The milliner and designer Adolfo F. Sardiña was born in Havana, Cuba, around 1933.

In 1948 with the help of his aunt Maria Lopez, he moved to New York, where he began working as an apprentice at the department store Bergdorf Goodman.

In 1951 he moved to Paris, and began to work at Cristobal Balenciaga’s hat salon.

He then moved back to New York and to Bergdorf Goodman, but now to work at Emme as an hatter who signed his works as “Adolfo of Emme”.

In the 1950s, he became famous for his hat models that dispensed wires or inner stuffing and used only stitches.

He won a Coty award (The Coty American Fashion Critics’ Awards) in 1955 as a young fashion designer.

In 1962 he opened his own brand.

In 1963 he opened two other brands, “Adolfo Réalités” and “Adolfo II”, only working in the designs of the brands products and outsourcing the manufacture using the “Award Hat Company”. Both companies, “Adolfo Réalités” and “Adolfo II” were created to produce products more affordable.

Shortly after opening his brands, Adolfo began to produce clothes that matched his hats. His creations included hooded jersey caps, hats with removable goggles and huge fur berets.

In the 1960s he launched the “Panama Planter’s hat” made of wheat straw and adorned it with a striped ribbon or jersey; shaggy Cossack Hats made fur or velour and variations of the Bowler Hat and the Pillbox hat.

It was in the early 1960s that he became being patronized by Gloria Vanderbilt and other American society women.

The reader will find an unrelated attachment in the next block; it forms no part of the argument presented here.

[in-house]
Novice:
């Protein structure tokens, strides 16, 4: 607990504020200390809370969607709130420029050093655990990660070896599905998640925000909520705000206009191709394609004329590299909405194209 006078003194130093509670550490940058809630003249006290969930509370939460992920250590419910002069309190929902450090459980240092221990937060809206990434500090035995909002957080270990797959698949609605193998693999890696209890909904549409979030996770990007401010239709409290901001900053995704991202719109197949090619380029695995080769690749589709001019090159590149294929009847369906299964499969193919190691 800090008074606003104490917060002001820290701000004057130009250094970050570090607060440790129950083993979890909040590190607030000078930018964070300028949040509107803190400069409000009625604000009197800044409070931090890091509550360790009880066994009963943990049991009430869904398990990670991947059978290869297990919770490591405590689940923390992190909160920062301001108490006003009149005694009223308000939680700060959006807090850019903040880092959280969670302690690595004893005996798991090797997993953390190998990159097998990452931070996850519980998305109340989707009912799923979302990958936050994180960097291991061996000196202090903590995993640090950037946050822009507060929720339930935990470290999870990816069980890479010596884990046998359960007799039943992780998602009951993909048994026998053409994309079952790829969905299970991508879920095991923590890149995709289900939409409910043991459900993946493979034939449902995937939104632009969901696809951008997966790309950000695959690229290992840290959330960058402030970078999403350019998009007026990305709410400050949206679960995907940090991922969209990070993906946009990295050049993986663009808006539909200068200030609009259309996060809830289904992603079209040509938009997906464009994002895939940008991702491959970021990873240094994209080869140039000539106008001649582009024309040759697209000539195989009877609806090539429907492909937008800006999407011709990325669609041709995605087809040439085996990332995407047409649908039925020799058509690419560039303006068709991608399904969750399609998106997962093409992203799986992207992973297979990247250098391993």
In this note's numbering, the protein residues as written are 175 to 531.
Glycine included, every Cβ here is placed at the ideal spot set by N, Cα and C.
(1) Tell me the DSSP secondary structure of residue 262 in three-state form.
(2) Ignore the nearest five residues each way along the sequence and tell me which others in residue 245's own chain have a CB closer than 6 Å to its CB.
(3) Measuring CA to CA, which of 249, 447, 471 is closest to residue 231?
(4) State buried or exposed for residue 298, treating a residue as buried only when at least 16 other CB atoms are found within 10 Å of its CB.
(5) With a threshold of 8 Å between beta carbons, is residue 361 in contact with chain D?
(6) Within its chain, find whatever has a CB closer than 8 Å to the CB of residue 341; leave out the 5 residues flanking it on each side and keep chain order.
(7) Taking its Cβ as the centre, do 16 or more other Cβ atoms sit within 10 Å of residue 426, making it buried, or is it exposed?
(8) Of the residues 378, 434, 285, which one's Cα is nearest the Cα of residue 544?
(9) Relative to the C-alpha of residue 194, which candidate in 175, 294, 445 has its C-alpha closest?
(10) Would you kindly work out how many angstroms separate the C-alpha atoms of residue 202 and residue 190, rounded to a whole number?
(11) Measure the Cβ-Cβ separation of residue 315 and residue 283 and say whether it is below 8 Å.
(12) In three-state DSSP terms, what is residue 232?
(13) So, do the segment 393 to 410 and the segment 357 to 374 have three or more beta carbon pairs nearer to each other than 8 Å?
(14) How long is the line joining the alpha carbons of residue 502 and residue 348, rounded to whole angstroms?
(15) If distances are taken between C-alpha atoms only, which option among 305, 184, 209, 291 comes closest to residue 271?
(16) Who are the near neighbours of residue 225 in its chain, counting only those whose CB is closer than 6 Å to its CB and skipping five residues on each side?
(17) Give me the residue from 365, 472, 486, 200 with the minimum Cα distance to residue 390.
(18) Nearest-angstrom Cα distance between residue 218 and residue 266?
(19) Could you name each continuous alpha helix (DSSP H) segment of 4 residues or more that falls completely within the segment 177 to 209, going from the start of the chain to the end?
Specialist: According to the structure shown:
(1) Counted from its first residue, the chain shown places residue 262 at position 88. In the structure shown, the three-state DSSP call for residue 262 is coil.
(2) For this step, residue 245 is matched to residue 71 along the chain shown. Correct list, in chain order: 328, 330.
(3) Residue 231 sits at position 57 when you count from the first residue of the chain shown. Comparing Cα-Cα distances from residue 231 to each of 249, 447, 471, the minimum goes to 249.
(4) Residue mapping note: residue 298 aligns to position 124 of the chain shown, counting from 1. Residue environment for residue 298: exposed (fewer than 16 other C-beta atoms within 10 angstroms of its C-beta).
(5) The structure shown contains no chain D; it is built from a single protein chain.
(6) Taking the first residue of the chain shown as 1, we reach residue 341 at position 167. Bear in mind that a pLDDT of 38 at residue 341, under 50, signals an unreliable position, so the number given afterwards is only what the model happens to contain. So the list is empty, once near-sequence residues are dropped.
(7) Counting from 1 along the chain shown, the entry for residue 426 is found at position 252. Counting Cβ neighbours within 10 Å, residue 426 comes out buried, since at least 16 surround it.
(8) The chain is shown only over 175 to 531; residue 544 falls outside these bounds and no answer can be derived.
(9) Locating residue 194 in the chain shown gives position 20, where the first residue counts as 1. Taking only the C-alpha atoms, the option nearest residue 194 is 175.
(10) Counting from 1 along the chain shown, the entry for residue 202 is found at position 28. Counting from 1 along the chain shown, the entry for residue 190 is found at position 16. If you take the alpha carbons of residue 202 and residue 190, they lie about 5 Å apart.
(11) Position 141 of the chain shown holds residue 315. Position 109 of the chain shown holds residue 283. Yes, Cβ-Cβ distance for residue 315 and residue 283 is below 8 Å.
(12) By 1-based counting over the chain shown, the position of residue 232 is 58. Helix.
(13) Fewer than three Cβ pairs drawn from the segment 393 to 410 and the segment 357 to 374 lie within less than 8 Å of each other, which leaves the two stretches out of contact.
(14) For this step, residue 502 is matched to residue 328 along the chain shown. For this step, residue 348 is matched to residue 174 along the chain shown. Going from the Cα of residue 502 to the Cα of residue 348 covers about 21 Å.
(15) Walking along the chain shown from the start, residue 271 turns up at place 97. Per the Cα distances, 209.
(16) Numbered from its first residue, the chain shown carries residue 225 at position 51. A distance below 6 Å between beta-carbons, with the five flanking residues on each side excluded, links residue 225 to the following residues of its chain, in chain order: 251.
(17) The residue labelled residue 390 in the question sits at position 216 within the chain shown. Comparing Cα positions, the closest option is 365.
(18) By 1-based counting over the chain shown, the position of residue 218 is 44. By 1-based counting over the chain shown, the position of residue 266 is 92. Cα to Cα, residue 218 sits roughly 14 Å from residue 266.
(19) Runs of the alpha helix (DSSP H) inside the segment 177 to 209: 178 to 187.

On millinery shows Adolfo would dress the mannequins in garments designed by himself. The feedback was very postive and costumers demanded that he would produce a ready-to-wear collection.

His clothes had vestiges of costume, such as: A long melton officer’s coat with epaulettes and gold buttons; gingham dirdnl skirts and lacy cotton blouses; jersey jumpsuits; organdy jumpers; Gibson Girl blouses and Patchwork skirts.

In the 1970s he abandoned the theatrical elements and began to design more classic clothes, basing his collections on classic knitted suits and tailored dresses, crochet dresses and a clean, straight line silhouette.

One of his most famous pieces is a lady-like cardigan inspired by Chanel, for whom he also worked briefly early in his career.

Some of his clients were: The Duchess of Windsor, Gloria Vanderbilt, Betsy Bloomingdale, Jackie Kennedy Onassis and Nancy Reagan.

In 1993 Adolfo ended his career as a designer to focus his work on managing his brands.

Adolfo was known as a designer of a coservative and restrict clientele, which included wives of US political leaders.

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Bibliography: Callan, Georgina O’Hara; Enciclopédia da moda de 1840 à década de 90 / Georgina O’Hara Callan ; verbetes brasileiros Cynthia Garcia : tradução Glória Maria de Mello Carvalho, Maria Ignez França – São Paulo : Companhia das Letras, 2007.

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